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Experience Uganda Student Story

Feature Story
Posted on Jan, 23 2012

How does getting bit by a dog turn into world travels and a future career in veterinary medicine? For Justine Ma, UC Davis School of Veterinary Medicine student and participant in the 2011 Experience Uganda study tour organized by NDSU Distance and Continuing Education, the two make perfect sense. 

Years ago, while volunteering at a humane society, Ma got bit by a dog. Instead of being worried for her own health and safety, she was more concerned about what could potentially happen to the dog. This is not the normal reaction for someone that has just been bitten by an animal, but one that Ma credits as the main reason she decided she wanted to become a veterinarian. The remaining question is how does a student at UC Davis in Southern California team up with North Dakota State University in Fargo, ND?

Ma graduated from UC Davis with a bachelor’s degree in wildlife, fish, and conservation biology with minors in animal science and leadership. During her junior year she was able to study abroad for three months in Kenya with a group through Boston University. While in Kenya, Ma realized the “intimate interconnection between animals, humans, and the environment.” While she was in Kenya there was a widespread drought that wiped out the livestock population which the native Maasai people relied on. Through this experience Ma said she learned of a way to combine working with humans and animals through the field of veterinary public health.

When Ma came back from Kenya she wanted to get involved and learn more about veterinary public health, so she helped in the Veterinary Medicine Extension at UC Davis doing education outreach developing a bio-security curriculum involving zoonotic diseases. After graduation, Ma decided to take a few years off to gain more experience working with animals so she worked at a wildlife rehabilitation facility as a triage manager. She also volunteered with the former California State Public Health veterinarian and witnessed the impact he had on the state of California in regards to protecting human and animal health through zoonotic disease control and prevention. After two years of work, Ma applied to veterinary school and was accepted. Though she was active in organizations promoting public health and veterinary medicine, Ma was once again looking to get some hands on experience. Not being a stranger to seeking out well-known programs, Ma began to search for a way to gain more public health experience and came across the Experience Uganda trip led by well-known veterinarian Ludwig Seifert.

The Experience Uganda study tour is possible through a collaboration between Makerere University in Uganda and North Dakota State University, Fargo, ND. The program focuses on international animal production, disease surveillance, and public health, which was just the experience Ma was looking for. Ma said that the most valuable part of the trip was the experience to learn and interact with Seifert. He made the connection between wildlife veterinarians and public health very clear as they learned and witnessed the conflicts that can occur between wildlife, domestic livestock, and humans. Ma also enjoyed learning about Uganda and “seeing the beauty of the country with regards to the people, cultures, animals, and the environment.” She “especially enjoyed interacting with the different communities, learning about what they do, their struggles, and ways to help improve their livelihoods.” While on the trip, Ma felt she made a personal contribution to the awareness and importance of biosecurity with regards to animal diseases like foot and mouth disease.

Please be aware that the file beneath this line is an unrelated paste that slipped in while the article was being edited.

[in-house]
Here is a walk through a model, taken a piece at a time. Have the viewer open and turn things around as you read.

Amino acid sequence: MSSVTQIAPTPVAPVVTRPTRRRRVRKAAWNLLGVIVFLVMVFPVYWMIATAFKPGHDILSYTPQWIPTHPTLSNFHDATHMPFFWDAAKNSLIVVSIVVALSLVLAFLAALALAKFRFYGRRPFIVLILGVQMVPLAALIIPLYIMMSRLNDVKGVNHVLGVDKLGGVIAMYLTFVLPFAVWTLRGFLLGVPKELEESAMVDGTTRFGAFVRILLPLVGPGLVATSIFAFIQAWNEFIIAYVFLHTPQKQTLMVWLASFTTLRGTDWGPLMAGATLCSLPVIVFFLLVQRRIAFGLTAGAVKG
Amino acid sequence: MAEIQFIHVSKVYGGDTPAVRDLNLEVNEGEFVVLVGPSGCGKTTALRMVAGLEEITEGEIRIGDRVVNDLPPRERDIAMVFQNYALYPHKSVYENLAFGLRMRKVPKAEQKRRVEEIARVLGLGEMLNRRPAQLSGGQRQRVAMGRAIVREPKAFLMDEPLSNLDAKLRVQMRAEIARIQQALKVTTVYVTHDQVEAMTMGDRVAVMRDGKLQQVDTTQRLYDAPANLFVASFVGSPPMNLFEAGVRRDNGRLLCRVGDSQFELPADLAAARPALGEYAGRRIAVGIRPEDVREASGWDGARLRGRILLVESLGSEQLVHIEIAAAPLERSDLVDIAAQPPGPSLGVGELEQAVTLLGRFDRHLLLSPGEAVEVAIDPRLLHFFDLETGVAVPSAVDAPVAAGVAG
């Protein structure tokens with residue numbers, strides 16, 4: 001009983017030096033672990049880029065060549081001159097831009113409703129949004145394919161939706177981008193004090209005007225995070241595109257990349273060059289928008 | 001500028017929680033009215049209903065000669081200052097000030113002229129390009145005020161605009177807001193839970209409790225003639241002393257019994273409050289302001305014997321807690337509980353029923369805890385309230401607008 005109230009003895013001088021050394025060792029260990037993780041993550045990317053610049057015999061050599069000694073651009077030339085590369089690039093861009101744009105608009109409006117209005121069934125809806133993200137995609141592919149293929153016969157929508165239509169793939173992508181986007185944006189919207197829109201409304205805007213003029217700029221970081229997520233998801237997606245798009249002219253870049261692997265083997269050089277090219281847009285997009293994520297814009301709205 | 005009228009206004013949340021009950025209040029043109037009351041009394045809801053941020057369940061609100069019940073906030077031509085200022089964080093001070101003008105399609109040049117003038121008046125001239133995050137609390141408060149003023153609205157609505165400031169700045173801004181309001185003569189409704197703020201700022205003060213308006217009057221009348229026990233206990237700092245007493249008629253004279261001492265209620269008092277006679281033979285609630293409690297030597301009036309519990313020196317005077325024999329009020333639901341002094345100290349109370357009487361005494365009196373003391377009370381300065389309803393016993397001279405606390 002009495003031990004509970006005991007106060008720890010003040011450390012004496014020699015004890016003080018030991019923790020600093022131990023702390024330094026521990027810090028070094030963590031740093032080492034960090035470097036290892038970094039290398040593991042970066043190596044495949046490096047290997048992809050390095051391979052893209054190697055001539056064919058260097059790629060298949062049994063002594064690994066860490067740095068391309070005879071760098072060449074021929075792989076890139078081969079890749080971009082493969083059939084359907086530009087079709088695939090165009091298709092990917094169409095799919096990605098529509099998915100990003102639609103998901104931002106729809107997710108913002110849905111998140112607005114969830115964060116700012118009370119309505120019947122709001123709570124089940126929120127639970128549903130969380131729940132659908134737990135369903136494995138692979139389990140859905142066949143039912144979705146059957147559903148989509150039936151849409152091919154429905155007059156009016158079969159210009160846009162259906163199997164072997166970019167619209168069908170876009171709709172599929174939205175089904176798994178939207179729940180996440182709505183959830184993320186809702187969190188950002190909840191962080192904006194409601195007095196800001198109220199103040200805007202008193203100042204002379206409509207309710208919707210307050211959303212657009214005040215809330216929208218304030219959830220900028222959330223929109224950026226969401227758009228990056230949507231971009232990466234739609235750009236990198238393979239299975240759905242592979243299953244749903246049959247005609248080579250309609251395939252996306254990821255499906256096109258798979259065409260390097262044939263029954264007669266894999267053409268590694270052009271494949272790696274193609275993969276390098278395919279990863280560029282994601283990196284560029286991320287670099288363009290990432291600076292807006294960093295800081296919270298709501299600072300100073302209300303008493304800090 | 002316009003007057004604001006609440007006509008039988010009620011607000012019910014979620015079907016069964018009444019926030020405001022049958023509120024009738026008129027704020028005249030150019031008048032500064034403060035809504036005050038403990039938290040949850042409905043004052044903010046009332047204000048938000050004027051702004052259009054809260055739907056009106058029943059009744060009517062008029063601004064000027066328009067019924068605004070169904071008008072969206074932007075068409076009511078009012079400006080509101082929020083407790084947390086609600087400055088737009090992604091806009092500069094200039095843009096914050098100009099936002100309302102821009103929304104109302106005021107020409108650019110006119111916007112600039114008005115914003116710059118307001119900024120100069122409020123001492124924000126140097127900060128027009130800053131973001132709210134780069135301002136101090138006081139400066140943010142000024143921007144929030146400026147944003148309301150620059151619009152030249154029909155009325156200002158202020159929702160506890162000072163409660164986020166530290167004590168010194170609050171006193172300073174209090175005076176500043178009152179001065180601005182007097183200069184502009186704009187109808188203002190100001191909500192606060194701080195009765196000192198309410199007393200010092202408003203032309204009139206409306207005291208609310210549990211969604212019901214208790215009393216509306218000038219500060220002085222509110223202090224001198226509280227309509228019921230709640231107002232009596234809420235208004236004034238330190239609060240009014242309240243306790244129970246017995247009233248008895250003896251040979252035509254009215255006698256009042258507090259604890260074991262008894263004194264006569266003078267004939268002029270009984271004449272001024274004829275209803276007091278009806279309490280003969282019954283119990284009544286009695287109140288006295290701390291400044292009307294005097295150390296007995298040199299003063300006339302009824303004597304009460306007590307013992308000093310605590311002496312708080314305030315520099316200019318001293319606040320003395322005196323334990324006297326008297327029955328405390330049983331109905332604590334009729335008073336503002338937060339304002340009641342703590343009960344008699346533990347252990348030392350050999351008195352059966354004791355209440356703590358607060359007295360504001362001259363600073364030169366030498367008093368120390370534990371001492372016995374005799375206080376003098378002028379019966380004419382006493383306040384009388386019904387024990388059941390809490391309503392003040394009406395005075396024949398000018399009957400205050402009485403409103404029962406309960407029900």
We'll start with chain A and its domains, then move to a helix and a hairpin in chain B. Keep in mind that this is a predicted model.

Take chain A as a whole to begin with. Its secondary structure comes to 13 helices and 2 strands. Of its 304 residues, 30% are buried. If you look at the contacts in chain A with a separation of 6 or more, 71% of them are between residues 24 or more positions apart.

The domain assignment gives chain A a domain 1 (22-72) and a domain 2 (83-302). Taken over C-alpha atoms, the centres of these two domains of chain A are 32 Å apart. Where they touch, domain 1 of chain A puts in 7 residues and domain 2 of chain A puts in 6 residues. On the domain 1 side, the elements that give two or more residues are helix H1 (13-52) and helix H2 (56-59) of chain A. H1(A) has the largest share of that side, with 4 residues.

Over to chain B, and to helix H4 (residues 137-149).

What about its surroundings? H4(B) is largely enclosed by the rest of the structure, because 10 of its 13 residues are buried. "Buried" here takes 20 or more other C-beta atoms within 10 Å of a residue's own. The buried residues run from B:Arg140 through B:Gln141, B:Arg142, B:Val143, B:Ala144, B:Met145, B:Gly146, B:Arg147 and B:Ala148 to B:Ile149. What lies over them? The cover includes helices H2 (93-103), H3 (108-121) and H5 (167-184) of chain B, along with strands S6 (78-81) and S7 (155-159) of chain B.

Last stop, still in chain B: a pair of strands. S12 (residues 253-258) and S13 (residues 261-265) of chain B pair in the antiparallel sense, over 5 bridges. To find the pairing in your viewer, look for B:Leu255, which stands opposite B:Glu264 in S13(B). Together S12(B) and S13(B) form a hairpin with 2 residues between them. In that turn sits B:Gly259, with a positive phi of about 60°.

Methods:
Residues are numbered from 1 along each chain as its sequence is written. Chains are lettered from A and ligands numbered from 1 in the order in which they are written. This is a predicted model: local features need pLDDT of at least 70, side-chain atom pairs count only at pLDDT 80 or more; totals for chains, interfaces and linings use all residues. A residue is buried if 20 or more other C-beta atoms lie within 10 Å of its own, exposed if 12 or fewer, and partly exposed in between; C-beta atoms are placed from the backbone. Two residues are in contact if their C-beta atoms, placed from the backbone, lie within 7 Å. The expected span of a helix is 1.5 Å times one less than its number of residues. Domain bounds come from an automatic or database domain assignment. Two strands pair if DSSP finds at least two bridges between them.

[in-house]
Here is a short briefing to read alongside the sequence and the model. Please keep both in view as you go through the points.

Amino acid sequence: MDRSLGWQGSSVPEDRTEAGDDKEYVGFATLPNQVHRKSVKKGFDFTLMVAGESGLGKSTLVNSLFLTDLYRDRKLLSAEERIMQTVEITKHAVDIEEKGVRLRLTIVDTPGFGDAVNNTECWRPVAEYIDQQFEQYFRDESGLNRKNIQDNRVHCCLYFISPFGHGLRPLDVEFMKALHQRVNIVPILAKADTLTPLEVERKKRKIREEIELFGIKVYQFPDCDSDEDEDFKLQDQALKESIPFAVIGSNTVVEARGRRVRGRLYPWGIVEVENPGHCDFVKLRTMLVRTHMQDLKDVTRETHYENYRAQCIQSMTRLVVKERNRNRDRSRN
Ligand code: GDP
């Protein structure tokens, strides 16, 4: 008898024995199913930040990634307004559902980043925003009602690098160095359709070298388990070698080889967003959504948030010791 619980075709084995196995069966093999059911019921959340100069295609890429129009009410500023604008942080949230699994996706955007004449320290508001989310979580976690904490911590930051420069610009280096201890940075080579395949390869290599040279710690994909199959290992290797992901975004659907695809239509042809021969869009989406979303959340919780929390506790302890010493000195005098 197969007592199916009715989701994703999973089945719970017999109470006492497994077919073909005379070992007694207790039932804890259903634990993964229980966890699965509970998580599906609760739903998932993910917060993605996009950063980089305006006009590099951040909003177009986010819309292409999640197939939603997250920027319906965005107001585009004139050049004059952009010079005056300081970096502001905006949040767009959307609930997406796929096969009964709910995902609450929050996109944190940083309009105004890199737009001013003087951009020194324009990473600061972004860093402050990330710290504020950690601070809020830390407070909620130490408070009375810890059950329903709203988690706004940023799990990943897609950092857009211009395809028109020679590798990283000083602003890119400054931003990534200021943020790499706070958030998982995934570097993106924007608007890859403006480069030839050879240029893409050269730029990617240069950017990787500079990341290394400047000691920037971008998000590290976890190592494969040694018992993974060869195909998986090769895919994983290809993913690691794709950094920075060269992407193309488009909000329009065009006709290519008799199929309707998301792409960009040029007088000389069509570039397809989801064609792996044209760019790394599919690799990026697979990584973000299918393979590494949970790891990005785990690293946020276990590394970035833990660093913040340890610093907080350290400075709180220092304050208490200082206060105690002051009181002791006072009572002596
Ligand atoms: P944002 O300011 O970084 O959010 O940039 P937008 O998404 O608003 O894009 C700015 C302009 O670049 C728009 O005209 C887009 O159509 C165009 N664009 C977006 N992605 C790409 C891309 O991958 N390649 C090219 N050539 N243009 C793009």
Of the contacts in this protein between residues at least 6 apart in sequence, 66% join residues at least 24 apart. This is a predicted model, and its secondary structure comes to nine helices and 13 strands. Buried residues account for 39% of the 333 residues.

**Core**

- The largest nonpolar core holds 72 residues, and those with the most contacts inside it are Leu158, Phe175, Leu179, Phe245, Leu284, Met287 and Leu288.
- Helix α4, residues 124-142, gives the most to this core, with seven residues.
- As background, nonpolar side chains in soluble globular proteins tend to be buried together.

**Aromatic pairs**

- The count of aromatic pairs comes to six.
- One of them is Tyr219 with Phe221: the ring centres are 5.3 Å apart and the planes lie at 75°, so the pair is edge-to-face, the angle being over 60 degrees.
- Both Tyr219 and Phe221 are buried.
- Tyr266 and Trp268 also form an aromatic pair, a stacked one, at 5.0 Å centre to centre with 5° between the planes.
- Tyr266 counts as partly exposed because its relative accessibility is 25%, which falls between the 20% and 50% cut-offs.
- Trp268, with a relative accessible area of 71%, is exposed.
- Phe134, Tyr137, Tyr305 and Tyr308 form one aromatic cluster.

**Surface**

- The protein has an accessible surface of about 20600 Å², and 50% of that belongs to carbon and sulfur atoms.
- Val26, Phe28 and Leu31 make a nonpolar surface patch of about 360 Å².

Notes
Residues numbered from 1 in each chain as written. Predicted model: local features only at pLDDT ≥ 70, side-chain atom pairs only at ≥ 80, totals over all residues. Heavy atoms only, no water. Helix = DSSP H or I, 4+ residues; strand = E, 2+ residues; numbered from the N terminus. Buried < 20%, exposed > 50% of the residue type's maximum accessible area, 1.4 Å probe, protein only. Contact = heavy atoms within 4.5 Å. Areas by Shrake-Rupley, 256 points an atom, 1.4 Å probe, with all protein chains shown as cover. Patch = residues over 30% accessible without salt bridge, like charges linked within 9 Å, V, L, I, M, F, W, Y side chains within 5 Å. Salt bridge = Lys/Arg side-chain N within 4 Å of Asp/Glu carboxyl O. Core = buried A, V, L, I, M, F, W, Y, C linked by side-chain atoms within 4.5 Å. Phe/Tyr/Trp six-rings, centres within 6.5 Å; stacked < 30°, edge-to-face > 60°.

Without this trip Ma said she may have never made as good of a connection between her interest in wildlife and public health combined with helping in developing countries. The contacts she made during the trip and career options she is now interested in are some of the most valuable take aways from the trip along with everything she learned and experienced. Ma had the following advice for someone considering going on the trip: “It was great to meet, interact, and make lasting connections and friendships with the faculty and students from NDSU and Makerere University. I was very impressed by how safe the environment was and how everything was pretty much taken care of for me with regards to housing, money for food and transportation. This program allowed me to see and experience things that people usually don’t experience in the United States. I got to visit some beautiful areas throughout Uganda, from the different national parks to historical sites. The wildlife and animals I saw on the trip were absolutely amazing. It was really interesting to learn and see diseases foreign to the United States. Lastly, it was very interesting to learn about the people, their mindset, and cultural attitudes.  All people interested in animals, humans, public health and international infectious diseases should definitely take a look into this program.”

The Experience Uganda study tour is offered annually. NDSU invites students and professionals nationwide in the fields of veterinary medicine, food safety, microbiology, public health, or other related fields to participate. The study tour can be completed as a non-credit option or for graduate or undergraduate credit.

For more information about upcoming trips email Connie Jadrny at .(JavaScript must be enabled to view this email address) or call 701-231-9738 or 1-800-726-1724. More information about the trip can also be found on our web site at http://www.ndsu.edu/dce/classes/study_tours/experience_uganda_study_tour.

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